Fresno Unified Superintendent Bob Nelson knows how important high school sports are to students, their families, and the community, and how disappointing it will be if COVID-19 forces districts to cancel yet another season.
“Americans are desperately looking for a return to what constitutes what they believe to be an American way of life, and I think high school football is pretty much seminal to that.” — Superintendent Bob Nelson
Nelson said he’s considering alternatives, such as supporting a delay of the football season until January to give more time for the coronavirus to dissipate.
“Americans are desperately looking for a return to what constitutes what they believe to be an American way of life, and I think high school football is pretty much seminal to that,” he said Tuesday afternoon on the Trevor Carey show on PowerTalk radio.
The logistics of bringing back high school sports still need to be worked out and would have to involve the California Interscholastic Federation, which oversees high school sports in the state, Nelson said.
He said he’s planning to talk with trustees about options for resuming high school sports.
CIF Waits for Green Light
Jim Crichlow, the CIF’s Central Section commissioner, said a number of scenarios are under consideration for the upcoming high school football season, but no decisions will be made until after Gov. Gavin Newsom lifts state restrictions.
For football, the CIF could schedule a full 10-game season with section, regional and state playoffs, or a modified six-game season, he said.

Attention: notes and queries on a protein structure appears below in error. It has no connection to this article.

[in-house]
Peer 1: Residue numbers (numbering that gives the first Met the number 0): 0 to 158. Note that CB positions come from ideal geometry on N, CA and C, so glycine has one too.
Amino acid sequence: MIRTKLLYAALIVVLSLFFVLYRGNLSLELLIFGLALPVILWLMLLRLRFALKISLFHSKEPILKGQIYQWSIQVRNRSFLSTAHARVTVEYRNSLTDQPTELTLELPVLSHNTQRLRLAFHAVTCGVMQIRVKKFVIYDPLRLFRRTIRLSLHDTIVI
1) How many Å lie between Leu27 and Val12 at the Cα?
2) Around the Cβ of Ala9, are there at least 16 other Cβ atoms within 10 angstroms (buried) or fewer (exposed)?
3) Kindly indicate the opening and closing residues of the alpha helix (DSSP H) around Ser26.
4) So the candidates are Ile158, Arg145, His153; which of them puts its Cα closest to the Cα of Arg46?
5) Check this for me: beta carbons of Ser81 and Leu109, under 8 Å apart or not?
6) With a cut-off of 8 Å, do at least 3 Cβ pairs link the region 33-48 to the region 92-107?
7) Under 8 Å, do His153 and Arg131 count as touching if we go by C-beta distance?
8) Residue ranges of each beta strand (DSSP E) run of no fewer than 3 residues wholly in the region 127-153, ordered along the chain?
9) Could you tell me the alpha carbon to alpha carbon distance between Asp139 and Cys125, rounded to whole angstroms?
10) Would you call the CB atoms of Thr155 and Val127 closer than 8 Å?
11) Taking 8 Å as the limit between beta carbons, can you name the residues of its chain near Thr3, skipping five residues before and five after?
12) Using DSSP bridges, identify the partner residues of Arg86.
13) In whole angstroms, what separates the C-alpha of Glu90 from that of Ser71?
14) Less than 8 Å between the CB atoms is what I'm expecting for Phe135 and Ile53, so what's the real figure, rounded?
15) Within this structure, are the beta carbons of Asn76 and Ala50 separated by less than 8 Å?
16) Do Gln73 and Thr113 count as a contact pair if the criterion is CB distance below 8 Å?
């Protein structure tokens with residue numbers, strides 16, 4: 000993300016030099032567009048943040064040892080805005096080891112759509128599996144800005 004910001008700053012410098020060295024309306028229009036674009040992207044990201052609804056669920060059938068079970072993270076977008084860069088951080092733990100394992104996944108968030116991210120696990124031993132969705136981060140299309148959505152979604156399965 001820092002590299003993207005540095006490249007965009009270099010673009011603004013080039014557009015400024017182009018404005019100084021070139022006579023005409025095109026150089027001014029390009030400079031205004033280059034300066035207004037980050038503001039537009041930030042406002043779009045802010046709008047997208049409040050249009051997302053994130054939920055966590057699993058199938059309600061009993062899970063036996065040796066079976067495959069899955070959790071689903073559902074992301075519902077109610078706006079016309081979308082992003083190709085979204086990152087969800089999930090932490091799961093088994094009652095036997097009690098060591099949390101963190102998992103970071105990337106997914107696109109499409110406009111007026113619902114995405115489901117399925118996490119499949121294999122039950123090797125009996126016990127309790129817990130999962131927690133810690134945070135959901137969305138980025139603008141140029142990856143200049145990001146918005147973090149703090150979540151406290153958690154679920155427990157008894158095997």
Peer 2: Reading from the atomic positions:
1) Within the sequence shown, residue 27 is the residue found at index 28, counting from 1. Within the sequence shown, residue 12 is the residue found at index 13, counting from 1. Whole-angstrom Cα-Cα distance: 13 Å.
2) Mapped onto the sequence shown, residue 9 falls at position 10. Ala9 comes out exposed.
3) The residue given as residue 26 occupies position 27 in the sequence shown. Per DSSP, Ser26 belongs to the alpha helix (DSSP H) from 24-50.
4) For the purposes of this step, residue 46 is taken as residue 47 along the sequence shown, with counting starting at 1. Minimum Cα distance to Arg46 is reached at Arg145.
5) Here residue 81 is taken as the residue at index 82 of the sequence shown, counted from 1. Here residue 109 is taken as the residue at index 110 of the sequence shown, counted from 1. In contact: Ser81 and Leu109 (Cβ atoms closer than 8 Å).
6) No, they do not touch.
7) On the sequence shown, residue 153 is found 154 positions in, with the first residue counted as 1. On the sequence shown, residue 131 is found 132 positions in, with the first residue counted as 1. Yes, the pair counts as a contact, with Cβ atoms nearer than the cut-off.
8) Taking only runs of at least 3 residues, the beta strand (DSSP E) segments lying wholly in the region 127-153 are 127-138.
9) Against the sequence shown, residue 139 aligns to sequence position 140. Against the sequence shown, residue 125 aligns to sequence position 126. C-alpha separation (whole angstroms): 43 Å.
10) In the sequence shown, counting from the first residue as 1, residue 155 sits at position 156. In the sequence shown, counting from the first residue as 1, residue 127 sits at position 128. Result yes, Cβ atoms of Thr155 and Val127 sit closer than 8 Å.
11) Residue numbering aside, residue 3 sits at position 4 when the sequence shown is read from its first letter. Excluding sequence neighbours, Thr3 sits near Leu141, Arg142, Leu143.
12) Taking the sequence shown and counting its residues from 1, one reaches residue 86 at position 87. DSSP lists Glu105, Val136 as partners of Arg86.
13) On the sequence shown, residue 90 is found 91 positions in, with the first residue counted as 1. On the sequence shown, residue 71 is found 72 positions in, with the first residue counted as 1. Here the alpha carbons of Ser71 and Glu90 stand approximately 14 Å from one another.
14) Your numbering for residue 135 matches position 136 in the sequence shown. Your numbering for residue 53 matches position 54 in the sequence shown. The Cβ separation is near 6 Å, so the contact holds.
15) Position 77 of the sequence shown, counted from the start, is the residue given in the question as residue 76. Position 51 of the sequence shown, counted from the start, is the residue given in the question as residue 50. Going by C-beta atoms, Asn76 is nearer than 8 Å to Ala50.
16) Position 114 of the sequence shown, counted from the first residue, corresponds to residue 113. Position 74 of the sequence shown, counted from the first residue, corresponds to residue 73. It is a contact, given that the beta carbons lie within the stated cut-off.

“Or we could start in January, but it could be without fans,” Crichlow said.
Crichlow said it would be problematic to overlap the schedules of different sports because so many athletes at smaller schools play multiple sports.
“I don’t think it’s a feasible option,” he said.
Time to Suit Up
Two Fresno Unified high school coaches told GV Wire they eagerly await the day when students can return to schools and participate in sports —but only when it’s safe to do so.
Bullard High football coach Don Arax said he wonders if a January start to football games would be any less dangerous, however, since it’s the height of the regular winter flu season.
“I’m skeptical of anything in those heavy flu winter months,” he said.
Some non-contact sports like golf might be safer for students while the coronavirus is still at hand, but a contact sport like football presents many challenges, Arax said.
But football also represents an opportunity for students and can be a ticket to a free college education for the top athletes who wouldn’t be able to afford it on their own, he said.
Keeping Kids Involved
Activities like sports, band, and cheerleading are the glue that binds many students to their schools, Arax said.
So when it comes to restarting sports, “I’m all for it, but it has to be done responsibly.” — Hoover High boys basketball coach Tezale Archie
“So many are going to school to play sports,” he said. “It’s the thing that keeps them going. If you take that away, what are the effects?”
Hoover High School boys basketball coach Tezale Archie said he hadn’t heard talk of moving the fall football season into winter and possibly overlapping with the basketball season.
Archie, whose team was two games away from the state championship round before losing to Stockton’s Brookside Christian in March, said his varsity players aren’t on the football team, but some of the freshmen hoopsters play both sports and might have a conflict.
He agreed with Arax that sports can be an incentive for some students to stay in school and stick to their studies.
So when it comes to restarting sports, “I’m all for it, but it has to be done responsibly,” Archie said.